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2.1.2.1 Instruction structure

MIX instructions are codified as words with the following subfield structure:

Subfield fspec Description
ADDRESS (0:2) The first two bytes plus sign are the address field. Combined with the INDEX field, denotes the memory address to be used by the instruction.
INDEX (3:3) The third byte is the index, normally used for indexing the address1.
MOD (4:4) Byte four is used either as an operation code modifier or as a field specification.
OPCODE (5:5) The last (least significant) byte in the word denotes the operation code.

or, graphically,

      ------------------------------------------------
     |   0   |   1   |   2   |   3   |   4   |   5    |
      ------------------------------------------------
     |        ADDRESS        | INDEX |  MOD  | OPCODE |
      ------------------------------------------------

For a given instruction, ‘M’ stands for the memory address obtained after indexing the ADDRESS subfield (using its INDEX byte), and ‘V’ is the contents of the subfield indicated by MOD of the memory cell with address ‘M’. For instance, suppose that we have the following contents of MIX registers and memory cells:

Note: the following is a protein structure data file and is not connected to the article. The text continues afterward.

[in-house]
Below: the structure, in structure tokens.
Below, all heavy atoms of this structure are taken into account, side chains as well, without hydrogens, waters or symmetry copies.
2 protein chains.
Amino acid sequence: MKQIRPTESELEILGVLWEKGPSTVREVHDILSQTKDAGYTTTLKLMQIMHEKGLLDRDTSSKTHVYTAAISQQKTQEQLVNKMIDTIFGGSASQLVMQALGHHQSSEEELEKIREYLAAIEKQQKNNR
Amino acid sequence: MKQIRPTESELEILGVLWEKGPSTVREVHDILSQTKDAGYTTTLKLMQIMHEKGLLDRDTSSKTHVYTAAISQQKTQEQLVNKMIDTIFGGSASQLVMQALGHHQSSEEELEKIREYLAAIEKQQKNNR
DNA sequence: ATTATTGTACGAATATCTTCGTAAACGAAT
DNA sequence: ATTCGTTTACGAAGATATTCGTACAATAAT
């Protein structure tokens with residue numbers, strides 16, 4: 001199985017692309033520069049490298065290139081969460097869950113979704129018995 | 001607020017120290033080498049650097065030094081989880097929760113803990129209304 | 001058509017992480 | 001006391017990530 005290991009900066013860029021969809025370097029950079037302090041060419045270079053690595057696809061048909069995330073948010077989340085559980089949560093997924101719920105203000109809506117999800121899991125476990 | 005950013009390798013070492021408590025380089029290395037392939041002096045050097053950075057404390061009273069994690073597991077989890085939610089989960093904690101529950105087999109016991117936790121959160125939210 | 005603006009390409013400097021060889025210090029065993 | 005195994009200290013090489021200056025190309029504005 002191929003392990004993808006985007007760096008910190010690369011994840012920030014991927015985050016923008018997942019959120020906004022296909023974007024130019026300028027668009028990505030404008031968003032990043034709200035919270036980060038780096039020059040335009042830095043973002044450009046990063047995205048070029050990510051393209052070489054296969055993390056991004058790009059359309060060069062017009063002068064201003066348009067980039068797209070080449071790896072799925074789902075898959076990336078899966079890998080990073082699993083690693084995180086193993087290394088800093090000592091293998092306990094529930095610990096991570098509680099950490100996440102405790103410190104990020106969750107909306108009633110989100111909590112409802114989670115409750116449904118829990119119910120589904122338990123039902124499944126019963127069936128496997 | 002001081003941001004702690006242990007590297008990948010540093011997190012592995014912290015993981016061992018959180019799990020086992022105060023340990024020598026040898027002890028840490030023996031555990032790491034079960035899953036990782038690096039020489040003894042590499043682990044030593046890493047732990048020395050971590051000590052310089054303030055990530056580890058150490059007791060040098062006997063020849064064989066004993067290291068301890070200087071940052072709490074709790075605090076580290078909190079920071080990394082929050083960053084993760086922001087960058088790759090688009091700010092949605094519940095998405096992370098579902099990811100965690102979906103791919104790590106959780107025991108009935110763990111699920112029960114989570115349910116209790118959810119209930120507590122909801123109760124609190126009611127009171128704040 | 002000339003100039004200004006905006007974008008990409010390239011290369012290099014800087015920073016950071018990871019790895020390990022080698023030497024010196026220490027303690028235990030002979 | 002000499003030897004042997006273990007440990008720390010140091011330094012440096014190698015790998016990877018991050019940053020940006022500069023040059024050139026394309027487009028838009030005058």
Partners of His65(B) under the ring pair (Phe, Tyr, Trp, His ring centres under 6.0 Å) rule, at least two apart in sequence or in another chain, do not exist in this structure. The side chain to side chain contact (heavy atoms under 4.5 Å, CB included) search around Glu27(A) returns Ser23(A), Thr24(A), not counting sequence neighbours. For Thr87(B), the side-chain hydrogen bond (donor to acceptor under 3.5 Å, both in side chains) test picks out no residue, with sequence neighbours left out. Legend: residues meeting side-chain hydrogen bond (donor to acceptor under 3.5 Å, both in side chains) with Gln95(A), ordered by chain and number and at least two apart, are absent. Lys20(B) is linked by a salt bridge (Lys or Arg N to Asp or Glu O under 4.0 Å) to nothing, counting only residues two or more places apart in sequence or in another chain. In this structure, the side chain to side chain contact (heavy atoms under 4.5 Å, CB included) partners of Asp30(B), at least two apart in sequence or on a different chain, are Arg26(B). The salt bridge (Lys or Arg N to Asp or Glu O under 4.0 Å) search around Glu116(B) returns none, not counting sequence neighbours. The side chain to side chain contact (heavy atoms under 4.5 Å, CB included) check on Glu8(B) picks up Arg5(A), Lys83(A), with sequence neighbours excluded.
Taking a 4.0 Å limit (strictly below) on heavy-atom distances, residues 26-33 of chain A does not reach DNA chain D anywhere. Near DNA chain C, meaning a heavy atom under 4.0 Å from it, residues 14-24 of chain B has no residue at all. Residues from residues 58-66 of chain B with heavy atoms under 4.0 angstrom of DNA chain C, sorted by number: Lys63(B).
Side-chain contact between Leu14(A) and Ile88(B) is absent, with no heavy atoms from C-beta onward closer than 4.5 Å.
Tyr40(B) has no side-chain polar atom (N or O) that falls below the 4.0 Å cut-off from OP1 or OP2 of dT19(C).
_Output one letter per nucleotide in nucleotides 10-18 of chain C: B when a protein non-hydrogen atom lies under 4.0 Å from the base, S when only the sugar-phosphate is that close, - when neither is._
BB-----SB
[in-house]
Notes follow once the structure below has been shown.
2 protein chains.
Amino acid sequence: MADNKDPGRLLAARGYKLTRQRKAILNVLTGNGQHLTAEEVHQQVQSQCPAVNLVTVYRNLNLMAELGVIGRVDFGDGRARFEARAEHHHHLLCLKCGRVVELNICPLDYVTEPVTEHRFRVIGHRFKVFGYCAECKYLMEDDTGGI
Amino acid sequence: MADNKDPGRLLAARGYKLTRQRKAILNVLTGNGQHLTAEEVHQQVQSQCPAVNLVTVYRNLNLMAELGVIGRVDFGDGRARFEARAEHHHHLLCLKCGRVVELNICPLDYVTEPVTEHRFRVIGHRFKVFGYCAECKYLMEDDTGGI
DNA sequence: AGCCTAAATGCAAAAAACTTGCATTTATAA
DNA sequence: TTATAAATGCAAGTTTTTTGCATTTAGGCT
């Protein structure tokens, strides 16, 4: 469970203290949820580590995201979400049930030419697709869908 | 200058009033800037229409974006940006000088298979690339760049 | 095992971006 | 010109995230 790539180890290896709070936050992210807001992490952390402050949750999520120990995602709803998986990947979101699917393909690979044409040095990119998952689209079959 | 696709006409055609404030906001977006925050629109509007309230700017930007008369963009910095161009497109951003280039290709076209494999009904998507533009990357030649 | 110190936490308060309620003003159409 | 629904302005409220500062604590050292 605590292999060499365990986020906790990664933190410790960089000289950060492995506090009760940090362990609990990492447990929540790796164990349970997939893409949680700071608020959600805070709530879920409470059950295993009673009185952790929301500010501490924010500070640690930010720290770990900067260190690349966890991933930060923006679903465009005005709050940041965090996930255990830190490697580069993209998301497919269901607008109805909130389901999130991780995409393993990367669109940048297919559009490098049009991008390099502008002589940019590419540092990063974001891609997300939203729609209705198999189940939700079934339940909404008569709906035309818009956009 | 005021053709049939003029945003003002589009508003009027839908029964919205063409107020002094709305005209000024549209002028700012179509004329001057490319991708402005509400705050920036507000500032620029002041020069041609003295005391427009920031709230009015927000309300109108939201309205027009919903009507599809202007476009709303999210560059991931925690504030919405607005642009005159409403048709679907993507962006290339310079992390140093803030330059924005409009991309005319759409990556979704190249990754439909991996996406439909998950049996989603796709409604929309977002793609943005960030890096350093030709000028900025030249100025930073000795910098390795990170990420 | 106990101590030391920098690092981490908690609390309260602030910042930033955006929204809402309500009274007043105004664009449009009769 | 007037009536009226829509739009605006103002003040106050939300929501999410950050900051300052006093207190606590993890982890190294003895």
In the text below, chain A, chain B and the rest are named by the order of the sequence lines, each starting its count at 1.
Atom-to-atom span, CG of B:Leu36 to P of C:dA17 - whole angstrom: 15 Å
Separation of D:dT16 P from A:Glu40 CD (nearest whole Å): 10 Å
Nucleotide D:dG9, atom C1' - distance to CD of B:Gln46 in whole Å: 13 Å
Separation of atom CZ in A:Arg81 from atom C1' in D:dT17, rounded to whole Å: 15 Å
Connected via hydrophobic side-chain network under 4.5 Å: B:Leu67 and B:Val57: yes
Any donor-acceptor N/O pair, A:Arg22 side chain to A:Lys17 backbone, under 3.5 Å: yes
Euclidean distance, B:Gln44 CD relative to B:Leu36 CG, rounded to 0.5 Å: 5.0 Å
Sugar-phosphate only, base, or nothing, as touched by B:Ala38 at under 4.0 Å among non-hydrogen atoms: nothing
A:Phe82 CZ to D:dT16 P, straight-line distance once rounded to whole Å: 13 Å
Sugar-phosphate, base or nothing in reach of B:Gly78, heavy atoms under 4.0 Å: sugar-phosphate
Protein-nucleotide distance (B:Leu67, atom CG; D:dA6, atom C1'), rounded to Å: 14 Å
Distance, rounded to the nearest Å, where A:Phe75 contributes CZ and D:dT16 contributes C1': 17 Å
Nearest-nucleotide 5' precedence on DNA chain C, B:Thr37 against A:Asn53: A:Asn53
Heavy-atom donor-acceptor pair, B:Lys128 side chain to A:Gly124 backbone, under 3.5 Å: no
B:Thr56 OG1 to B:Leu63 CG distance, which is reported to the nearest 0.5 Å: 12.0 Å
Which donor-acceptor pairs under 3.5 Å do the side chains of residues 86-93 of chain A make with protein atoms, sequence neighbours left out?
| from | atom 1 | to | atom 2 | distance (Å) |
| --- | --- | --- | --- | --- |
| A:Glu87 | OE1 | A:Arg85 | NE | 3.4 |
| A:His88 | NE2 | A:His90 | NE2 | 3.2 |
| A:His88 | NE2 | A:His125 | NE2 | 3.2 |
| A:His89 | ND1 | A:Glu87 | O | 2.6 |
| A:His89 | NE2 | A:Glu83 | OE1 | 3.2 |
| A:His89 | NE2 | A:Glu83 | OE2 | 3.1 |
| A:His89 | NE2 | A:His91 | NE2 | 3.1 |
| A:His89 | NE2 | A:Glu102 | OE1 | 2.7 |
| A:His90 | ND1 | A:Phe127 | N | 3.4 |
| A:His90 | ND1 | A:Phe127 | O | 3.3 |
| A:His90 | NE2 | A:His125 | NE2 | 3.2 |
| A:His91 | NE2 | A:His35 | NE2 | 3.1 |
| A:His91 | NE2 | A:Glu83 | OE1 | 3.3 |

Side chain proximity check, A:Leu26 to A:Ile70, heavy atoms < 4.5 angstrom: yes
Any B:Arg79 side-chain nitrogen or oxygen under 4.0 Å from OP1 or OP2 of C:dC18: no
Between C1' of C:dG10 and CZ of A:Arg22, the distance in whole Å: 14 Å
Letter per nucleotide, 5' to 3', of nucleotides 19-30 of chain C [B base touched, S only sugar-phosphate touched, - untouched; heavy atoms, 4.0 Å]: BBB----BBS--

[rI2] = + 00 63
     [31] = - 10 11 00 11 22

where ‘[n]’ denotes the contents of the nth memory cell and ‘[rI2]’ the contents of register ‘rI22. Let us consider the binary instruction ‘I = - 00 32 02 11 10. For this instruction we have:

     ADDRESS = - 00 32 = -32
     INDEX = 02 = 2
     MOD = 11 = (1:3)
     OPCODE = 10
     
     M = ADDRESS + [rI2] = -32 + 63 = 31
     V = [M](MOD) = (- 10 11 00 11 22)(1:3) = + 00 00 10 11 00

Note that, when computing ‘V’ using a word and an fspec, we apply a left padding to the bytes selected by ‘MOD’ to obtain a complete word as the result.

In the following subsections, we will assign to each MIX instruction a mnemonic, or symbolic name. For instance, the mnemonic of ‘OPCODE’ 10 is ‘LD2’. Thus we can rewrite the above instruction as

     LD2  -32,2(1:3)

or, for a generic instruction:

     MNEMONIC  ADDRESS,INDEX(MOD)

Some instructions are identified by both the OPCODE and the MOD fields. In these cases, the MOD will not appear in the above symbolic representation. Also when ADDRESS or INDEX are zero, they can be omitted. Finally, MOD defaults to (0:5) (meaning the whole word).


Footnotes

[1] The actual memory address the instruction refers to, is obtained by adding to ADDRESS the value of the ‘rI’ register denoted by INDEX.

[2] In general, ‘[X]’ will denote the contents of entity ‘X’; thus, by definition, ‘V = [M](MOD).